I adore glass art, glass plates, crystal stemware (etched, coloured and otherwise) glass sculpture, Depression glass, Milk glass, etched and beveled glass windows, stained glass, antique glass, glass walls…you get the picture. So I could not say no to the invitation to visit the studio of glass artist Jeff Goodman.
The designated day in August was meltingly hot. But the exterior temperature was nothing compared to the soupy heat inside the building. Entering it, and getting close to the heat sources Goodman uses to make his wares, was like walking into a liquid wall of heat.
But if Goodman and his team can do it every day, I reckoned I could stand it for 30 minutes or so. And besides, I was dying to take him up on his offer of showing me how to make a glass paperweight. Of course, my paperweight is to Goodman’s work as peanut butter is to pate de foie gras, but it was fun to give it a try. It does, however, occupy a place of honour on my desk, to remind me of the power and beauty of that which we can create with our own hands. See my weekly Hot Home products column for more on Goodman, who also makes vessels, vases, chandeliers, and other commissioned pieces. Pics of his astonishingly beautiful work can be seen above and below.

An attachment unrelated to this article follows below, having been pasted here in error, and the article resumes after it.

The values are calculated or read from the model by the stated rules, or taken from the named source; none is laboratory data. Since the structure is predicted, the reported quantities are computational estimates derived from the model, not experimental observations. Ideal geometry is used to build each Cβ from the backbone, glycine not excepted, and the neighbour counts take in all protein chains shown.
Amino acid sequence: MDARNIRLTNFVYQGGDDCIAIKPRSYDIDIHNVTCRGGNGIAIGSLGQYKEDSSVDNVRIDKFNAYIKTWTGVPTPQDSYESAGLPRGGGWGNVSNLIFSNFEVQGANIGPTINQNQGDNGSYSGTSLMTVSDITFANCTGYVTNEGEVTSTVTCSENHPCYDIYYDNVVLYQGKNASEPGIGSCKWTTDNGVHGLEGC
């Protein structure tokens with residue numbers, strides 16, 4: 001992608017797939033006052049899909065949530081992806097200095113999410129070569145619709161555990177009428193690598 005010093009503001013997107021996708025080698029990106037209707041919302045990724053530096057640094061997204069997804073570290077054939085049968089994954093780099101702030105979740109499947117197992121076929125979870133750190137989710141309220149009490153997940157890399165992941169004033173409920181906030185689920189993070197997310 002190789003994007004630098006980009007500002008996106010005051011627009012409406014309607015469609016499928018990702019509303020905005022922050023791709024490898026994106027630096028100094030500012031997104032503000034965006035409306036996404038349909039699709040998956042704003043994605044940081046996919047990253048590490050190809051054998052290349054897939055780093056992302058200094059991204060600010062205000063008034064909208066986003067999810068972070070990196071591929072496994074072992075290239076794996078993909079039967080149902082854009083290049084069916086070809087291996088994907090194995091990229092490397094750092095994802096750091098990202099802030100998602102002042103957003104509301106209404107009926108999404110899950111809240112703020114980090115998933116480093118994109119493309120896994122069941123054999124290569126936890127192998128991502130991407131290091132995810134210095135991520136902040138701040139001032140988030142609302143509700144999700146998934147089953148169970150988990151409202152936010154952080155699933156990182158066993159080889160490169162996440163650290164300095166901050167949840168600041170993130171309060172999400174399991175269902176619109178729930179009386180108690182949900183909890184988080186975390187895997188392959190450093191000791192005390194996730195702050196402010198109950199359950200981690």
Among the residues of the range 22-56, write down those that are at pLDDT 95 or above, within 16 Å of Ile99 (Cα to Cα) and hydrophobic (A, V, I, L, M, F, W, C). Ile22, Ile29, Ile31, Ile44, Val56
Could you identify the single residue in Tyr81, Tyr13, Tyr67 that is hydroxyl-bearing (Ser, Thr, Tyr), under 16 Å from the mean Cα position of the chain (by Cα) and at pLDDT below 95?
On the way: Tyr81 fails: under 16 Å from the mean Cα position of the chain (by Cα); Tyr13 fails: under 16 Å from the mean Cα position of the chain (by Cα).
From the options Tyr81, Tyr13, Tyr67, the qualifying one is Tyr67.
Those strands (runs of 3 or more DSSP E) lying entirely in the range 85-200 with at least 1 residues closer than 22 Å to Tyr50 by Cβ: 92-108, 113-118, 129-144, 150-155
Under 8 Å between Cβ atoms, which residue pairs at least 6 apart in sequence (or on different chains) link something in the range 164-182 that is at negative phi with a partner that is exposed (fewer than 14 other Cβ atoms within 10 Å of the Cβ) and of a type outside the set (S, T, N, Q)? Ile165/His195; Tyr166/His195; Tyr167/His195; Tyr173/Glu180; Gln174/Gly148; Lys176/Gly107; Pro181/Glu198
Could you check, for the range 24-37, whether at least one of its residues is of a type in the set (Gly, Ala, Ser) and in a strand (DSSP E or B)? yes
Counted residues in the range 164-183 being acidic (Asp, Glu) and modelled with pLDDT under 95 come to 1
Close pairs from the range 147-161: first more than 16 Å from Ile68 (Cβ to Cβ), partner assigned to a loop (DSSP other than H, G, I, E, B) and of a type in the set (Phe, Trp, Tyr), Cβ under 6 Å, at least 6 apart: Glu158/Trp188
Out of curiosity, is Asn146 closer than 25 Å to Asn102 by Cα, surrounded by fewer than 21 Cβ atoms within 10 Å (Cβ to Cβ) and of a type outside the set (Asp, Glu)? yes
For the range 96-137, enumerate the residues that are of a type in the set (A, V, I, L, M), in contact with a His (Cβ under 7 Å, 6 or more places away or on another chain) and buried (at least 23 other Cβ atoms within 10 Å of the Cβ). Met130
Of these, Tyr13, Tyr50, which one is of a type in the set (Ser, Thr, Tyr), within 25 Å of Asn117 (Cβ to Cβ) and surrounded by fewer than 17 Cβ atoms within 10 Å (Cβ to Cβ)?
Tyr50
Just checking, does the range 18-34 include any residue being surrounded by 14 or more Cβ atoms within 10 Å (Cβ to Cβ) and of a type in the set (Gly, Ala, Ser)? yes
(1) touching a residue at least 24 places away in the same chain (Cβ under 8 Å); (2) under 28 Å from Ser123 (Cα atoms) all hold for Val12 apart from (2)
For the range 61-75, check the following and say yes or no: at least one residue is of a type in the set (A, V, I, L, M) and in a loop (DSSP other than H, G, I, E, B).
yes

For an excellent demonstration of glass blowing, click here – for a link to a video made by the Cornell Museum of Glass I did not actually blow the glass, since I’d probably need several years of instruction before being ready to do so. But I did get a sense of what a miraculous material glass is, and marveled at how in its liquid form it’s so malleable (and mercurial), while it’s solid form is so, well, solid.
If you’d like to see glass blowing in action, you can sometimes watch glass artists working at the Craft Studio at Harbourfront. Perhaps, like me, you’ll marvel at the alchemy that turns a few simple elements into pieces of exquisite beauty.